His sales pitch said players would train more frequently and the resources would be available for every player to potentially become a pro.

There was immediate pushback.

Most parents wanted their kids to play college soccer instead. With salaries low in MLS, at least a college soccer player would have a degree before trying to play in the pros. More importantly, though, parents wanted some examples of players that had signed pro contracts from the youth academy into the FC Dallas first team.

No one had – not just in Dallas, but anywhere else in MLS.

“It had never happened before,” Hayden recalled. “We were selling something that in some ways was sort of false. There were no hard examples of (a youth player signing a pro contract).”

“Fast forward 10 years, now when we sit down with a family, if there’s a kid and we say we want to bring you into our academy and we want to sign you to a pro contract, we can start rattling off names,” he said before making a wide grin.

“They know the names.”

An FCD trailblazer at FCC

Minutes before the buses pulled away from the Mercy Health Training Center toward the FC Cincinnati Academy’s first exhibition games in Nashville, Frankie Amaya and Victor Ulloa came and spoke to the youth players.

It was an emotional moment. For some players, Amaya was a peer – someone only one or two years older who was already fulfilling his dreams of being a professional player. As for Ulloa’s remarks, they were sentimental and inspiring.

Ulloa was one of FC Dallas’ first academy signings. He was on the inaugural teams and became the club’s second-ever Homegrown Player.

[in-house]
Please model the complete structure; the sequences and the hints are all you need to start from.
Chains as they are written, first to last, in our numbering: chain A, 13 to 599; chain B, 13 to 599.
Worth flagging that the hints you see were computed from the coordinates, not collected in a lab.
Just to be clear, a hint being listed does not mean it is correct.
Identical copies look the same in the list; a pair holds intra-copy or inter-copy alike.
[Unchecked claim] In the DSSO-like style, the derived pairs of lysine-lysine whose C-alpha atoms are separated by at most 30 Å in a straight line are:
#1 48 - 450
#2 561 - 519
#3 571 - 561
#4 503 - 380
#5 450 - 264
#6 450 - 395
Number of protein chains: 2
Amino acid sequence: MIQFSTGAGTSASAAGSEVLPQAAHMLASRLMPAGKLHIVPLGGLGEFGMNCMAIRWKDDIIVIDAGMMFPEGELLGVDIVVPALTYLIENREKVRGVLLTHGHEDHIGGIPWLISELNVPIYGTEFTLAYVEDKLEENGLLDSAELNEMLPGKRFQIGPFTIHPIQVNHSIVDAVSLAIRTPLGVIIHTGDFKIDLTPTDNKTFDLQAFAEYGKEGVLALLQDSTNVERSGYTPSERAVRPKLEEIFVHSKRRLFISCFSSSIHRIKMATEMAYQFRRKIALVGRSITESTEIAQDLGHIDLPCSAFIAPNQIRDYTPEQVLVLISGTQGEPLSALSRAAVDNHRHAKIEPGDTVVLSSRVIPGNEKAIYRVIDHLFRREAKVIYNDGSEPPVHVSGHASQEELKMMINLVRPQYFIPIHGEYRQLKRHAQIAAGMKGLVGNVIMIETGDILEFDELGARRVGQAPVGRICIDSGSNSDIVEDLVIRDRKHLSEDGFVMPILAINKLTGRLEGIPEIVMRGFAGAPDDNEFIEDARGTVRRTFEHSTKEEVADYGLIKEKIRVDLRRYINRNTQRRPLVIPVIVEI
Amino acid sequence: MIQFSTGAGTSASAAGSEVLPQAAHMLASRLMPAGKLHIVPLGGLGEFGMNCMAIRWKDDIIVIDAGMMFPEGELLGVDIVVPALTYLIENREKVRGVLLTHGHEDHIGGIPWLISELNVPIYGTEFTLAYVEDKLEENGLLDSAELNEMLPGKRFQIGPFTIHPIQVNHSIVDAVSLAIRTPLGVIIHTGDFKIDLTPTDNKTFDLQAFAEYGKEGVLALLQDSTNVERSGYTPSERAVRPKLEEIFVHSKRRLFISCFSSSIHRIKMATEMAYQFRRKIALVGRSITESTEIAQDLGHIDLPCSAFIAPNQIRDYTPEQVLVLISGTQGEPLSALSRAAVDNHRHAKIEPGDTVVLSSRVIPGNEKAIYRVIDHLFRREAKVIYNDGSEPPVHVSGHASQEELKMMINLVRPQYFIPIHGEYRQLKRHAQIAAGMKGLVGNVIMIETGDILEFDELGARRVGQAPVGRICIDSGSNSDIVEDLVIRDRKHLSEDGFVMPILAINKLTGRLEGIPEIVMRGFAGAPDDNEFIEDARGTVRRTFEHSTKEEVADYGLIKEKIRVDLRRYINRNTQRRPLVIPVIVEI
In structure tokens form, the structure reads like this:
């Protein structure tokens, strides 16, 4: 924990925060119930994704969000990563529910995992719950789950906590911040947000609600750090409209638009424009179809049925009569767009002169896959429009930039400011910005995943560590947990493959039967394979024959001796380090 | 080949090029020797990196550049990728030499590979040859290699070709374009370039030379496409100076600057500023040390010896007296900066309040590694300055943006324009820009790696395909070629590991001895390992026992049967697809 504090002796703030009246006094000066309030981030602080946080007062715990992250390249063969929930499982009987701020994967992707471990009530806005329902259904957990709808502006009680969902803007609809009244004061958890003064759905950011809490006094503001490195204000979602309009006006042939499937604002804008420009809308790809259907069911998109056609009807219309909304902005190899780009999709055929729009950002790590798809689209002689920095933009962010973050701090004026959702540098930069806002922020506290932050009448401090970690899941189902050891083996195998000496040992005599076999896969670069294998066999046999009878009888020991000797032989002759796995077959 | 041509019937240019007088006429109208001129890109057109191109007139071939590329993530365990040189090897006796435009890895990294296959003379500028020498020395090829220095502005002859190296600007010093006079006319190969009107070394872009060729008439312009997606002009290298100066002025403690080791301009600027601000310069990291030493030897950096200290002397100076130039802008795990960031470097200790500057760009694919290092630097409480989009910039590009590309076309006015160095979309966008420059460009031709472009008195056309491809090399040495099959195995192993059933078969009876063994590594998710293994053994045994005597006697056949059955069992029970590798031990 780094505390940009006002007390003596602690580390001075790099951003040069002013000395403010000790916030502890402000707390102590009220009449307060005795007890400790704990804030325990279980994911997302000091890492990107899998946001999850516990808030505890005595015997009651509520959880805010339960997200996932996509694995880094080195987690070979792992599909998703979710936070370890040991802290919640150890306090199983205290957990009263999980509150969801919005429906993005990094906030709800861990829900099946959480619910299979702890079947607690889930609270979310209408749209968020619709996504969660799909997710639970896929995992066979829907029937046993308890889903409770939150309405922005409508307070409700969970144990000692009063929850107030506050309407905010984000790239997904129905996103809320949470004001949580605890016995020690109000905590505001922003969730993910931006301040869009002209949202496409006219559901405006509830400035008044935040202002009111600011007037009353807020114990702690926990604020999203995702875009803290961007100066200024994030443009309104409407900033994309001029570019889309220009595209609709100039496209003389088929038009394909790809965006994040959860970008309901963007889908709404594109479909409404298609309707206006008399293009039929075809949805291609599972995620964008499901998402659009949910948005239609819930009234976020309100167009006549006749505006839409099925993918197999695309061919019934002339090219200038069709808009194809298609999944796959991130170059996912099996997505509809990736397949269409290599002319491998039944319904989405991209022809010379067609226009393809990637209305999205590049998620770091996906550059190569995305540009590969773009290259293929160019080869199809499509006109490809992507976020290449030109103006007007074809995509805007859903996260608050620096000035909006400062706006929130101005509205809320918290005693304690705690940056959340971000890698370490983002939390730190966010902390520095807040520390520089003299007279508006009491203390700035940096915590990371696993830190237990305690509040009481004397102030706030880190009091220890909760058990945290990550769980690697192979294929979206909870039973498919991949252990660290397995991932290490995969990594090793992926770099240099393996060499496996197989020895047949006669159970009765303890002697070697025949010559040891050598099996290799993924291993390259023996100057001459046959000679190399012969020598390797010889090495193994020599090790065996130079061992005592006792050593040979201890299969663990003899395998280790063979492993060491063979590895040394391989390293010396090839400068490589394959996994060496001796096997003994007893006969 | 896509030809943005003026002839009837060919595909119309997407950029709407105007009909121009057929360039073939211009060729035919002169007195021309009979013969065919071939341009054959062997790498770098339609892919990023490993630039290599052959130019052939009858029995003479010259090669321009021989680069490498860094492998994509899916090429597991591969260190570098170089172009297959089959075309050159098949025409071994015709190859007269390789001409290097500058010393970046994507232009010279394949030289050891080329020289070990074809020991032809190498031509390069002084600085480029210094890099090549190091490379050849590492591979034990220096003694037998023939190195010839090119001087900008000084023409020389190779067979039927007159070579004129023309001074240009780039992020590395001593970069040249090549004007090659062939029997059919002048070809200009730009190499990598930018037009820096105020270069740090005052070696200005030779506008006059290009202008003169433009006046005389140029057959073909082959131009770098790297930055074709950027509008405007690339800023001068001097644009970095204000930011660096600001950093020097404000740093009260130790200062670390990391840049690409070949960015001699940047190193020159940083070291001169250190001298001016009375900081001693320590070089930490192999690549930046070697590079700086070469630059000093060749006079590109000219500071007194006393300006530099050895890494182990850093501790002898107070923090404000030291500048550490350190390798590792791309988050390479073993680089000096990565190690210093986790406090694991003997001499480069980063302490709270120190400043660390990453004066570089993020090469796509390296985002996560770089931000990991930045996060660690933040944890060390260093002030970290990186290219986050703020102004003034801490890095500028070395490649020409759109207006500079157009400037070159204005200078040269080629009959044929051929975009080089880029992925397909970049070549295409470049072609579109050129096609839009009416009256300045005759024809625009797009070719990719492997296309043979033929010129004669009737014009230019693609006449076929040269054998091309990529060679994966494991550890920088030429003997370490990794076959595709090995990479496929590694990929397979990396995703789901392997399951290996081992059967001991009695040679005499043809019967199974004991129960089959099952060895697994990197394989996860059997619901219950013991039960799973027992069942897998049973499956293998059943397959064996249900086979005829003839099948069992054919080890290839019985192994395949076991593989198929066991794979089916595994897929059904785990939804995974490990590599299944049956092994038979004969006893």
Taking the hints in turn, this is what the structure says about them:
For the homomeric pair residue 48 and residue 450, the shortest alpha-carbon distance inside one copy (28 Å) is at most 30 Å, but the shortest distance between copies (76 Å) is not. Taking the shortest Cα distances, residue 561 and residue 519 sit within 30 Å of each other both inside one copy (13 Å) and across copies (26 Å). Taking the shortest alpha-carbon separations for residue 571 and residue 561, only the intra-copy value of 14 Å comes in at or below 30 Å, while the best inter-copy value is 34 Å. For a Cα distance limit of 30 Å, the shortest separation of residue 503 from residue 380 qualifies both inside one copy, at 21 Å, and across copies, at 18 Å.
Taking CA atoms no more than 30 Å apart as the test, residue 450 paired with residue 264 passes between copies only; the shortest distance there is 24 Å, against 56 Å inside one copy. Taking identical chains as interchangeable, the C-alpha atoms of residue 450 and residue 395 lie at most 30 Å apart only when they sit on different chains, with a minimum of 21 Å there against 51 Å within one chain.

“I know how it feels to be in your shoes,” Ulloa told the FCC youth players. “I signed my first professional contract in 2010 and this is my 10th season as a professional soccer player.”

Whenever Hayden would meet with prospects and their parents, there’s no doubt Ulloa was used as the prime example of what a former academy player can become: a veteran MLS player with a respectable career.

Before joining FC Cincinnati last offseason (he was traded to Inter Miami CF in November), Ulloa spent nine seasons with FC Dallas, amassing 144 regular-season appearances. By the time he left North Texas, he was their longest-tenured player and the longest-tenured Homegrown Player in MLS history.

Ulloa from his time in Dallas. Photo taken by Ron Chenoy-USA Today Sports.

From the time Ulloa joined the FCD first team until the time he left, the academy developed so quickly that he eventually needed to leave in order for other Homegrown Players to breakthrough into the first team.

“If Victor was 10 years younger or 15 years younger and playing for us now, we would have so much support for him and would probably get him into the first team much quicker than we did,” Hayden said.

And yet, if the first players like Ulloa never signed, it’s fair to suggest the Dallas youth setup might look drastically different than its current resemblance.

Ulloa helped create the club’s culture and legacy by becoming one of the first academy players. Now, there have been players in that academy who’ve been there since the center midfielder signed his first pro contract.